Candidate Electromagnetic Counterpart to the Binary Black Hole Merger Gravitational-Wave Event S190521g

M. J. Graham, K. E.S. Ford, B. McKernan, N. P. Ross, D. Stern, K. Burdge, M. Coughlin, S. G. Djorgovski, A. J. Drake, D. Duev, M. Kasliwal, A. A. Mahabal, S. Van Velzen, J. Belecki, E. C. Bellm, R. Burruss, S. B. Cenko, V. Cunningham, G. Helou, S. R. KulkarniF. J. Masci, T. Prince, D. Reiley, H. Rodriguez, B. Rusholme, R. M. Smith, M. T. Soumagnac

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235 Scopus citations


We report the first plausible optical electromagnetic counterpart to a (candidate) binary black hole merger. Detected by the Zwicky Transient Facility, the electromagnetic flare is consistent with expectations for a kicked binary black hole merger in the accretion disk of an active galactic nucleus [B. McKernan, K. E. S. Ford, I. Bartos, Astrophys. J. Lett. 884, L50 (2019)AJLEEY2041-821310.3847/2041-8213/ab4886] and is unlikely [<O(0.01%))] due to intrinsic variability of this source. The lack of color evolution implies that it is not a supernova and instead is strongly suggestive of a constant temperature shock. Other false-positive events, such as microlensing or a tidal disruption event, are ruled out or constrained to be <O(0.1%). If the flare is associated with S190521g, we find plausible values of total mass MBBH∼100 MM, kick velocity vk∼200 km s-1 at θ∼60° in a disk with aspect ratio H/a∼0.01 (i.e., disk height H at radius a) and gas density ρ∼10-10 g cm-3. The merger could have occurred at a disk migration trap (a∼700rg; rgGMSMBH/c2, where MSMBH is the mass of the active galactic nucleus supermassive black hole). The combination of parameters implies a significant spin for at least one of the black holes in S190521g. The timing of our spectroscopy prevents useful constraints on broad-line asymmetry due to an off-center flare. We predict a repeat flare in this source due to a reencountering with the disk in ∼1.6 yr(MSMBH/108 MM)(a/103rg)3/2.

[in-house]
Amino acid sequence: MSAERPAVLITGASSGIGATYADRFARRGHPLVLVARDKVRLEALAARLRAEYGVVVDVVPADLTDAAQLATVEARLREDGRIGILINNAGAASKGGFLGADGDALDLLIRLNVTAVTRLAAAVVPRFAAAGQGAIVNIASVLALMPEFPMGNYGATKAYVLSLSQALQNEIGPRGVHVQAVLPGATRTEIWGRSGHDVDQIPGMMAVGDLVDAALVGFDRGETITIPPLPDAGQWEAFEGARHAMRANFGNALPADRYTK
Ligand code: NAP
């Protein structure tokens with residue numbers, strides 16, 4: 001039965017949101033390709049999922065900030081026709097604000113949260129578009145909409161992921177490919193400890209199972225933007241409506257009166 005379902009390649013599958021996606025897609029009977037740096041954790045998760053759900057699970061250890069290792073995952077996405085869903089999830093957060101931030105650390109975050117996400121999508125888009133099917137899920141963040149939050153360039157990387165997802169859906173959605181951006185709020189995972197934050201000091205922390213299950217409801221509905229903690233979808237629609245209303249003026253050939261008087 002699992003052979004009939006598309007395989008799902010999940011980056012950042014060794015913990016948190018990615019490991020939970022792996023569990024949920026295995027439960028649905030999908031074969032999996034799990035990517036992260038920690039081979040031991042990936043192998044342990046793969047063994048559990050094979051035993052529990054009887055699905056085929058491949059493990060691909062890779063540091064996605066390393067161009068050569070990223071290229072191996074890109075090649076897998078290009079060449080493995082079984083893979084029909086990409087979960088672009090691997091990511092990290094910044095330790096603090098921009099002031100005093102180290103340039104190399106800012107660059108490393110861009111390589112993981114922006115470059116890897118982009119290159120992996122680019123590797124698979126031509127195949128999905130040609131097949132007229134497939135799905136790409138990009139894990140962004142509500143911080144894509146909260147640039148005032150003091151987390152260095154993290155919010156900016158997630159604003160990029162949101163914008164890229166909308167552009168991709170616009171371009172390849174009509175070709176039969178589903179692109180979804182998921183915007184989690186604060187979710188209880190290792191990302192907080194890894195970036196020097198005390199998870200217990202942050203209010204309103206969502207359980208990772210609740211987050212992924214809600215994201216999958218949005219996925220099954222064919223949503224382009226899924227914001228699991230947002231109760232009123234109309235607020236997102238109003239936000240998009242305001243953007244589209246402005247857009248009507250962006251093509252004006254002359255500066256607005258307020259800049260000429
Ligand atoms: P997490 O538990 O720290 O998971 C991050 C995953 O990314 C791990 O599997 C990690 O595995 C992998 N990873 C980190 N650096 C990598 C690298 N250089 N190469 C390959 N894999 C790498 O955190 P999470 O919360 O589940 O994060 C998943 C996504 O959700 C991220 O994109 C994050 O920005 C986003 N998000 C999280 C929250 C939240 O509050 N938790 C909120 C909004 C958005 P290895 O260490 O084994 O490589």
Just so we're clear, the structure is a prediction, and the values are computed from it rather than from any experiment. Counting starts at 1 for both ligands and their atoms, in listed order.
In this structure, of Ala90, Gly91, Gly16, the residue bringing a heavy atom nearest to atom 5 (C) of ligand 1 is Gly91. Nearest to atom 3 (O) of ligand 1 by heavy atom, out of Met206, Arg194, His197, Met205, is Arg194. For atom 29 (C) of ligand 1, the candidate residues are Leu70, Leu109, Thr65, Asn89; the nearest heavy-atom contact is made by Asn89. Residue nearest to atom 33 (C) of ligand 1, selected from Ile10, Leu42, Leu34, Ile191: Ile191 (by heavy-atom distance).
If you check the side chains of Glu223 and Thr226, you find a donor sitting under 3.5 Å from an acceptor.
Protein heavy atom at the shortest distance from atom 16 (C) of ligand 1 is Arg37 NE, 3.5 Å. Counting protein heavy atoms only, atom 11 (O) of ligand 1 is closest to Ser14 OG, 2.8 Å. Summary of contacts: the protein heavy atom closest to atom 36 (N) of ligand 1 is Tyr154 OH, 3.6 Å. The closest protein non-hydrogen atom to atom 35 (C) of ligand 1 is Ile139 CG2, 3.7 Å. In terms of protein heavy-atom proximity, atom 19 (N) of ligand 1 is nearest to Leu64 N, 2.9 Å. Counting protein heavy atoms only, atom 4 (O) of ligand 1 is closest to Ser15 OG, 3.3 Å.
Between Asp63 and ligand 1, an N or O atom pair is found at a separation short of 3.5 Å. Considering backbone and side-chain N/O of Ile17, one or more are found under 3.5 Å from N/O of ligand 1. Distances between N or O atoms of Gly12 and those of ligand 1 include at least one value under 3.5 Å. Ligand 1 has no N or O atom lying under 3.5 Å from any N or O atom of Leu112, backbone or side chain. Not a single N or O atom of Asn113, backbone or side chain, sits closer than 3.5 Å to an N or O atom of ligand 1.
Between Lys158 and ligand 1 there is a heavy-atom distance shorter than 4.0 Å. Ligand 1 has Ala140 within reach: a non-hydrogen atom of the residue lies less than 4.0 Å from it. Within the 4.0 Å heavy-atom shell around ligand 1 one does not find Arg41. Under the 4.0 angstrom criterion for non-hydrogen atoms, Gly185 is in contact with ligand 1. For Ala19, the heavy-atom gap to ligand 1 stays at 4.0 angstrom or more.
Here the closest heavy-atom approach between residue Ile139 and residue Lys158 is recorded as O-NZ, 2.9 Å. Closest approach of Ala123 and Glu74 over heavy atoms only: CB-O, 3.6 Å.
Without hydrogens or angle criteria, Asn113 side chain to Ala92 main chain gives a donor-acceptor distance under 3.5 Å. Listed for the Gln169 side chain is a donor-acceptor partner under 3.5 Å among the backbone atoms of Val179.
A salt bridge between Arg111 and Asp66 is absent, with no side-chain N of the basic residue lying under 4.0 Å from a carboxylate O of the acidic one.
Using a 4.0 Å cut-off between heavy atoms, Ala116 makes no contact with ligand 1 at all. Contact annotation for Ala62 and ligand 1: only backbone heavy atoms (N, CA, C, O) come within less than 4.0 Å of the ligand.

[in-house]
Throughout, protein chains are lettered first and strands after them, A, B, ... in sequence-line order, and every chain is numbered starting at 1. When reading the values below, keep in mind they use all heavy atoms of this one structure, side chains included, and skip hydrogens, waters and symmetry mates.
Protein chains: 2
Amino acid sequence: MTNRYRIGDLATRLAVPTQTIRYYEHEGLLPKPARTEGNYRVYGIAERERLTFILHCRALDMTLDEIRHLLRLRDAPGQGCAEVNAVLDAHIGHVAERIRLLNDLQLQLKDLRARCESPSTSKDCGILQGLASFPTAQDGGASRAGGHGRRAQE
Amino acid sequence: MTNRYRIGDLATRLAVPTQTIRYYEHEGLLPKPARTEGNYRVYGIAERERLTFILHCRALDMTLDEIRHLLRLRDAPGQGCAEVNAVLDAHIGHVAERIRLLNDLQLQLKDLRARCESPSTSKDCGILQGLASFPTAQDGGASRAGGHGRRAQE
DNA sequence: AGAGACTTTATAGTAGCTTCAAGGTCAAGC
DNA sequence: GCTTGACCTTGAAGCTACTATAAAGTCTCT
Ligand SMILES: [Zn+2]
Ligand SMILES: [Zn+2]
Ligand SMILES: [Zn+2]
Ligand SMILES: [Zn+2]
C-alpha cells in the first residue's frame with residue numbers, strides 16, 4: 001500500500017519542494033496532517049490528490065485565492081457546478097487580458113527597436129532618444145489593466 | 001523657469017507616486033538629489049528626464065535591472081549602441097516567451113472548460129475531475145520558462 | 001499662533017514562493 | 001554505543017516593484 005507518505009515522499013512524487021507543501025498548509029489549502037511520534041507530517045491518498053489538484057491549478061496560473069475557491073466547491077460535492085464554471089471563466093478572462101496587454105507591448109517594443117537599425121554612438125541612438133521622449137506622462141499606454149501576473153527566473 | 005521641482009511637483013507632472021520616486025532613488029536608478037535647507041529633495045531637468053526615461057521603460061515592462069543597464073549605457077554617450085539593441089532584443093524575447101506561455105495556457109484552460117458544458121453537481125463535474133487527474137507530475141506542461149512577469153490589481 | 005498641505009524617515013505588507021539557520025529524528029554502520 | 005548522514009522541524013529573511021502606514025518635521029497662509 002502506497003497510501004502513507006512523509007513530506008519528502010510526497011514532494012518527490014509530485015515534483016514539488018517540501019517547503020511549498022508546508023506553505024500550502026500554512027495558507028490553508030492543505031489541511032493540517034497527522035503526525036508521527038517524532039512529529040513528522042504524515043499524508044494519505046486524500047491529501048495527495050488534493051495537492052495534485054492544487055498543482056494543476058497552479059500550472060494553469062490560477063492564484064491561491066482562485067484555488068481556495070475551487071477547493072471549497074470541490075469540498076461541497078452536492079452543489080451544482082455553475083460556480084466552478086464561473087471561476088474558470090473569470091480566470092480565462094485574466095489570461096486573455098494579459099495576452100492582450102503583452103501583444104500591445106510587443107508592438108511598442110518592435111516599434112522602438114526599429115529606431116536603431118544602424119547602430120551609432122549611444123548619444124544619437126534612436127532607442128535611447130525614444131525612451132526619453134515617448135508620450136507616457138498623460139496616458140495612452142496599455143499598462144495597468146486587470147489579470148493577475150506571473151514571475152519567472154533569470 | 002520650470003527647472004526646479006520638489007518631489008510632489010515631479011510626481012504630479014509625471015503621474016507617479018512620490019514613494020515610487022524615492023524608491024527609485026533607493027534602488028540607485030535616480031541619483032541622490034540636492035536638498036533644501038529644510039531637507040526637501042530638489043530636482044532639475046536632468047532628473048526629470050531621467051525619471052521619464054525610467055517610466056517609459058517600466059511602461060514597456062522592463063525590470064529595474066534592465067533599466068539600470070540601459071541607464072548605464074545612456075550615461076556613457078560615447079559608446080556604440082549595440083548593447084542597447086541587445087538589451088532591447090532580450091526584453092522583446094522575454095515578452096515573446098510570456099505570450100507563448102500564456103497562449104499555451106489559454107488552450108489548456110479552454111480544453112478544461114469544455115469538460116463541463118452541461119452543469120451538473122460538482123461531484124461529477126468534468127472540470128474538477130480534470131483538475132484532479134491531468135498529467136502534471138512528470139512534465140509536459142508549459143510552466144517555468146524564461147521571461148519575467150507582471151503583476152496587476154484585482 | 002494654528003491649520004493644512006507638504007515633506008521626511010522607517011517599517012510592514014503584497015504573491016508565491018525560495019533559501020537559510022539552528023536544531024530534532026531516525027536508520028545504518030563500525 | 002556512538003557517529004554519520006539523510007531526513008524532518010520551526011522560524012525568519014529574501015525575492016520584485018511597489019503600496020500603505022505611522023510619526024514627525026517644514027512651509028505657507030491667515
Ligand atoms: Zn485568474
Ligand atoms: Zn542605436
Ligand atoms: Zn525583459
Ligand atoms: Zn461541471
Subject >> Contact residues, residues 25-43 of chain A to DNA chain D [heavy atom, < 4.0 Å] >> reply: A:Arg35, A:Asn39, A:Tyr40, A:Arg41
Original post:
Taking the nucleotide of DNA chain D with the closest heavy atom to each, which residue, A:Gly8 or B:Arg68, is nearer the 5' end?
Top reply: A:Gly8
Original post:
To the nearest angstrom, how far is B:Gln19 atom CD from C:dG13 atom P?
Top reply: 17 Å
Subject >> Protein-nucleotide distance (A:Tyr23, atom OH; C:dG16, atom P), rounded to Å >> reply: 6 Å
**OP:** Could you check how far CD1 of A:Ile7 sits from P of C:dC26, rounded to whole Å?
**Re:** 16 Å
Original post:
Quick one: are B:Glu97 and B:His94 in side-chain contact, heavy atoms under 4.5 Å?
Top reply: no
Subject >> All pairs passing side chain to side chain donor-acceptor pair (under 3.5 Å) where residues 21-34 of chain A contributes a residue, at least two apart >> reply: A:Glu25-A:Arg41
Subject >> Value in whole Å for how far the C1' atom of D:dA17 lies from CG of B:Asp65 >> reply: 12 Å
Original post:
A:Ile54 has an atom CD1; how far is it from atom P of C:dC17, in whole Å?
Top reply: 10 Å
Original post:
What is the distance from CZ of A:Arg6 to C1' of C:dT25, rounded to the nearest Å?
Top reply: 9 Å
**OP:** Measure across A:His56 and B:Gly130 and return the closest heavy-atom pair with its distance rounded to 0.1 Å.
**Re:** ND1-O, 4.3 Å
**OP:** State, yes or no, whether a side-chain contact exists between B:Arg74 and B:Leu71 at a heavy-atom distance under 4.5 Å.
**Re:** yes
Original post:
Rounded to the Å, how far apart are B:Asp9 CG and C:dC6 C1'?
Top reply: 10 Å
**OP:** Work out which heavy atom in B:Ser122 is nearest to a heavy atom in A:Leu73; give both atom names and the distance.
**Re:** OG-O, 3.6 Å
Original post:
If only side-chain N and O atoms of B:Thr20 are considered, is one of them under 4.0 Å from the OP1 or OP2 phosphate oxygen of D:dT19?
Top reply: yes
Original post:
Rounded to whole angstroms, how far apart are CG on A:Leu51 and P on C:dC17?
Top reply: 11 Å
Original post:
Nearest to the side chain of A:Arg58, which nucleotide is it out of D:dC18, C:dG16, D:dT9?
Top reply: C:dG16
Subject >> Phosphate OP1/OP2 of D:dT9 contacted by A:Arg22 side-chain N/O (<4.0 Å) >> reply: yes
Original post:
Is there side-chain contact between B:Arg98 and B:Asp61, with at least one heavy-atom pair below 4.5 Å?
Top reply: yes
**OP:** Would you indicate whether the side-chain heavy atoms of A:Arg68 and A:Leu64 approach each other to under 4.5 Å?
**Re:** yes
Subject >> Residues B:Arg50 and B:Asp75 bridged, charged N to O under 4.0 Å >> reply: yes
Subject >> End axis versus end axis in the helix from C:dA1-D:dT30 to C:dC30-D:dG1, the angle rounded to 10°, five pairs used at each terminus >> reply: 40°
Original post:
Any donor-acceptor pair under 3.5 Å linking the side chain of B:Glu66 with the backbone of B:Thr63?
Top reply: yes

Original languageEnglish
Article number251102
JournalPhysical Review Letters
Issue number25
StatePublished - 26 Jun 2020
Externally publishedYes

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© 2020 American Physical Society.


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